Thinking about long-term policy development also points to the prospect that particular political actors may win durable victories. A peculiar characteristic of most American politics scholarship is that its depictions of politics involve no durable winners and losers. Elections follow a Downsian logic; this cycle's loser adjusts and becomes the next cycle's winner. Take out incumbency, David Mayhew observes, and presidential elections over the past century or so have been essentially a coin-toss between the two parties (2002). Legislatures are under the sway of Arrow's (1951) paradox of voting, so that losers in any legislative struggle are well positioned to cycle back into the winner's position. The electorate, whose views are usually regarded as a binding constraint on policymakers, fluctuate back and forth over a moderate policy space and typically operate to bring the political system back to the middle (Erikson, MacKeun, and Stimson 2002). Throughout this vision, temporary, not durable, advantages are the rule.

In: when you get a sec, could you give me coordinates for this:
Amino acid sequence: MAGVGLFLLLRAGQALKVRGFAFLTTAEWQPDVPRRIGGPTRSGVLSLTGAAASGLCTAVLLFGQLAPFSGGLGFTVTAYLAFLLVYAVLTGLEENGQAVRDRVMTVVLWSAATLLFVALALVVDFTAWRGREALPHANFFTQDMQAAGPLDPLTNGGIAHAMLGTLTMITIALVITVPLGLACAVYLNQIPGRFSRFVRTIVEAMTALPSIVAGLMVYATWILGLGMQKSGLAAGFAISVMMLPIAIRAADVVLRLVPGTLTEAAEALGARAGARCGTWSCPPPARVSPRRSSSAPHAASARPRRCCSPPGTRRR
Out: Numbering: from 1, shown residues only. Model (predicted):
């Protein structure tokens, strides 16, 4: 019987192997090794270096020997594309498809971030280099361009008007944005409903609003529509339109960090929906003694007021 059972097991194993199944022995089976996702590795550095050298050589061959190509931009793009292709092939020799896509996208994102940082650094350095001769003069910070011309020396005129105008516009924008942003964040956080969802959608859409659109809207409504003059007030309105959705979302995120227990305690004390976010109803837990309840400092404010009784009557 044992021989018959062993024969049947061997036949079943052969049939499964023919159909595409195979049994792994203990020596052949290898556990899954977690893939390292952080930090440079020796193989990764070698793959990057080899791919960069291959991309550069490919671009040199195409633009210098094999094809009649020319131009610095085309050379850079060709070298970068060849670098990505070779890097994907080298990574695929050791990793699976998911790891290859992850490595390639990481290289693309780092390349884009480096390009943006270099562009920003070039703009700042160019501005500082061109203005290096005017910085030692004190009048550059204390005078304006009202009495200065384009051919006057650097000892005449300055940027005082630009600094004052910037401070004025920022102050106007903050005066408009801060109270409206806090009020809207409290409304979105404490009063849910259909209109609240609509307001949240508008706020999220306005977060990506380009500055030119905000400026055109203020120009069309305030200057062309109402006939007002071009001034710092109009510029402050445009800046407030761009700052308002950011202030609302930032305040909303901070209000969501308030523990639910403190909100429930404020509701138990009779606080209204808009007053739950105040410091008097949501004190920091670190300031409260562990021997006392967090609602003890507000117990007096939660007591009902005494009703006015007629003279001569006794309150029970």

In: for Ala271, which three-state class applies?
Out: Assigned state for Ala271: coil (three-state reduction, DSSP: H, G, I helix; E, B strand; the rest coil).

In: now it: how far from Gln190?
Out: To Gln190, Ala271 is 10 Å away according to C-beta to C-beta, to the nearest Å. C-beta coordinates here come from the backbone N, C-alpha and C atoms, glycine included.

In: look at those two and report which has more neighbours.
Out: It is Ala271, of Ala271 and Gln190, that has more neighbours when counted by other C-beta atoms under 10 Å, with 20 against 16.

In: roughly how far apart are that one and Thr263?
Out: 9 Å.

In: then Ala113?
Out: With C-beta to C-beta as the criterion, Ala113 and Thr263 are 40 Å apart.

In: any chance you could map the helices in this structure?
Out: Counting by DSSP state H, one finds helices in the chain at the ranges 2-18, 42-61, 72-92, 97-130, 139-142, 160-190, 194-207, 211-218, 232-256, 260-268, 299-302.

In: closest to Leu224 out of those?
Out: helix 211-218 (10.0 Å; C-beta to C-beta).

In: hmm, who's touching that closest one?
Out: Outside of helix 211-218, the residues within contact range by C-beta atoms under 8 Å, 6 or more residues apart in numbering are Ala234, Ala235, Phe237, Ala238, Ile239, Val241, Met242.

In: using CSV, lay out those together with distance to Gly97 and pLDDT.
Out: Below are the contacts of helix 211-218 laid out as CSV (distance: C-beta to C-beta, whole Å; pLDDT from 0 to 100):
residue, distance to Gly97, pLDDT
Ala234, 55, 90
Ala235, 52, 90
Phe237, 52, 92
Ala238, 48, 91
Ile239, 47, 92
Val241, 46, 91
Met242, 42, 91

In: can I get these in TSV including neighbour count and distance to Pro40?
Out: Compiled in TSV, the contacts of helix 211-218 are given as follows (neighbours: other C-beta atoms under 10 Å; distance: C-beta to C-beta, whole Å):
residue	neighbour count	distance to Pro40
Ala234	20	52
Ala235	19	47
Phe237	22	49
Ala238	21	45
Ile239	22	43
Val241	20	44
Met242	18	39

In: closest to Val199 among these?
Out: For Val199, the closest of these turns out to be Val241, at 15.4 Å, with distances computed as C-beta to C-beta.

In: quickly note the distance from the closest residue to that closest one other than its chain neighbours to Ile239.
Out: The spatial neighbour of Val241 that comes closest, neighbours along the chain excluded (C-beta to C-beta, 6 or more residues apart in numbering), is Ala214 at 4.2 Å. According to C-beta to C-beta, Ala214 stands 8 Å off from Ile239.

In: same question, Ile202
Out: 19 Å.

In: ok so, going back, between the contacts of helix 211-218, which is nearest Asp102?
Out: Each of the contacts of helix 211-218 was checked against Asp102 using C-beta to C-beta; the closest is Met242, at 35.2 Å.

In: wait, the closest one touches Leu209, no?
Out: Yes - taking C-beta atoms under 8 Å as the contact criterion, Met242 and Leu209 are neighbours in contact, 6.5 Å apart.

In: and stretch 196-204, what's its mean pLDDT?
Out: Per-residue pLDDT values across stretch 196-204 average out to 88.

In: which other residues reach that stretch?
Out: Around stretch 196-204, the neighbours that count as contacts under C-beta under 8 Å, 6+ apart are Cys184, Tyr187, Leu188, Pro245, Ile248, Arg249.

The situation looks fundamentally different when one considers politics as a contest among intense policy demanders who are engaged in struggles over the exercise of authority for substantive purposes. In a political world with policy rather than elections at its core, durable outcomes are not just possible; they are frequently the main objective. Winners get to impose their policy preferences on losers. Often, this means imposing arrangements to which losers must adjust even if their side wins future elections (Moe 1990, 2005). Policies may create facts on the ground, durably altering resources and incentives. Policies can strengthen supporters and weaken losers. In extreme cases, policies can effectively eliminate the losers altogether.